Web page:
The Den Helder Rescue Brigade will start a pilot project at the beginning of May to detect rip currents using drones, locate drowning persons and to be able to drop rescue equipment for swimmers in distress.
The Rescue Brigade Den Helder uses a DJI M300 in the test to initially photograph rip currents. Later, the brigade wants to expand the test to include the detection of test subjects and floating objects in the currents, and then analyze the data obtained using machine learning. The rescue brigade hopes to be able to recognize currents automatically and at an early stage with the insights, in order to be able to take action earlier, take measures and raise the alarm.
Another part of the pilot project is locating drowning persons. According to John Troch of DroneQ Aerial Services, with whom the rescue team works, time is often lost because there is too little concrete information about the location when reporting people who are in emergency situations. Using a drone could speed up localization. Finally, the shedding of life jackets or other flotation devices is tested. In addition, other applications are being investigated, such as the detection of dune fires and the monitoring of people entering protected dune areas.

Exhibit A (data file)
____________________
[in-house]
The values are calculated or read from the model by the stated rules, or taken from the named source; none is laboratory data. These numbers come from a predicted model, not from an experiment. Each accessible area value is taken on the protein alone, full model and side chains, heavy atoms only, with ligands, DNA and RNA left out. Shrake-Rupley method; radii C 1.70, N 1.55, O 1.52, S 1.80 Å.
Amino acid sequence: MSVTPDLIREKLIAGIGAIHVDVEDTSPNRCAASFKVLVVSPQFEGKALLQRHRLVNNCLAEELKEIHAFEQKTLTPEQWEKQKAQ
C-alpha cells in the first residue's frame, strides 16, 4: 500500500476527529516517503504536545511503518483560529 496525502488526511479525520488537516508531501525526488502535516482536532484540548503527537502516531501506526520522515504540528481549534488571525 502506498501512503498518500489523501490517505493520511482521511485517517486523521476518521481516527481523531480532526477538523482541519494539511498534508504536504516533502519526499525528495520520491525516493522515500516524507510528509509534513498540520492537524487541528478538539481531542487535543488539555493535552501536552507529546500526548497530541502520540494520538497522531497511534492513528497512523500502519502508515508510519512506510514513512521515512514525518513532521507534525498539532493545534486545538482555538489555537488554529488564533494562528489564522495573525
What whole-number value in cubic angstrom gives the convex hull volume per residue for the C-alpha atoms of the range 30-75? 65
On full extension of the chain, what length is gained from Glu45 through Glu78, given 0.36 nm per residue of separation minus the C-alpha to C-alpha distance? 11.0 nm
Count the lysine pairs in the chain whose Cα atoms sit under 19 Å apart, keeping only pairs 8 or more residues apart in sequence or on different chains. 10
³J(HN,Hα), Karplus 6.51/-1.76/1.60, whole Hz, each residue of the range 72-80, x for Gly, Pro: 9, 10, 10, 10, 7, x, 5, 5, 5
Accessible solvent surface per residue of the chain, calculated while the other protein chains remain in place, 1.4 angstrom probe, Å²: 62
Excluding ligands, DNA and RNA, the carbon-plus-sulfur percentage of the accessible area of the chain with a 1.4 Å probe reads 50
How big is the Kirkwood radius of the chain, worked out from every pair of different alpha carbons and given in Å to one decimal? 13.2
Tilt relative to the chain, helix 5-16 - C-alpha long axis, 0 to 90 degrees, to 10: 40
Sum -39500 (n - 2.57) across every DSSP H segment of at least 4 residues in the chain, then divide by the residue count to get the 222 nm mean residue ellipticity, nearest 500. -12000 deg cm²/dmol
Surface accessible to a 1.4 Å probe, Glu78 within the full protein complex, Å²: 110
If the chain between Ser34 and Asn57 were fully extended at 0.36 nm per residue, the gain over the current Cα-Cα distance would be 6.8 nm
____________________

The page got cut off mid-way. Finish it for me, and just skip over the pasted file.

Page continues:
The initiators hope to be able to use an Autel Dragonfish in the future instead of the DJI drone. The Dragonfish from Autel Robotics is a fixed-wing drone with a flight range of tens of kilometers. It is a project of the Maritime Emerging Technologies Innovation Park Noord-Holland, DroneQ Aerial Services and the Rescue Brigade Den Helder. DroneQ is the drone operator, but in the future the rescue brigade could do this itself, is the thought.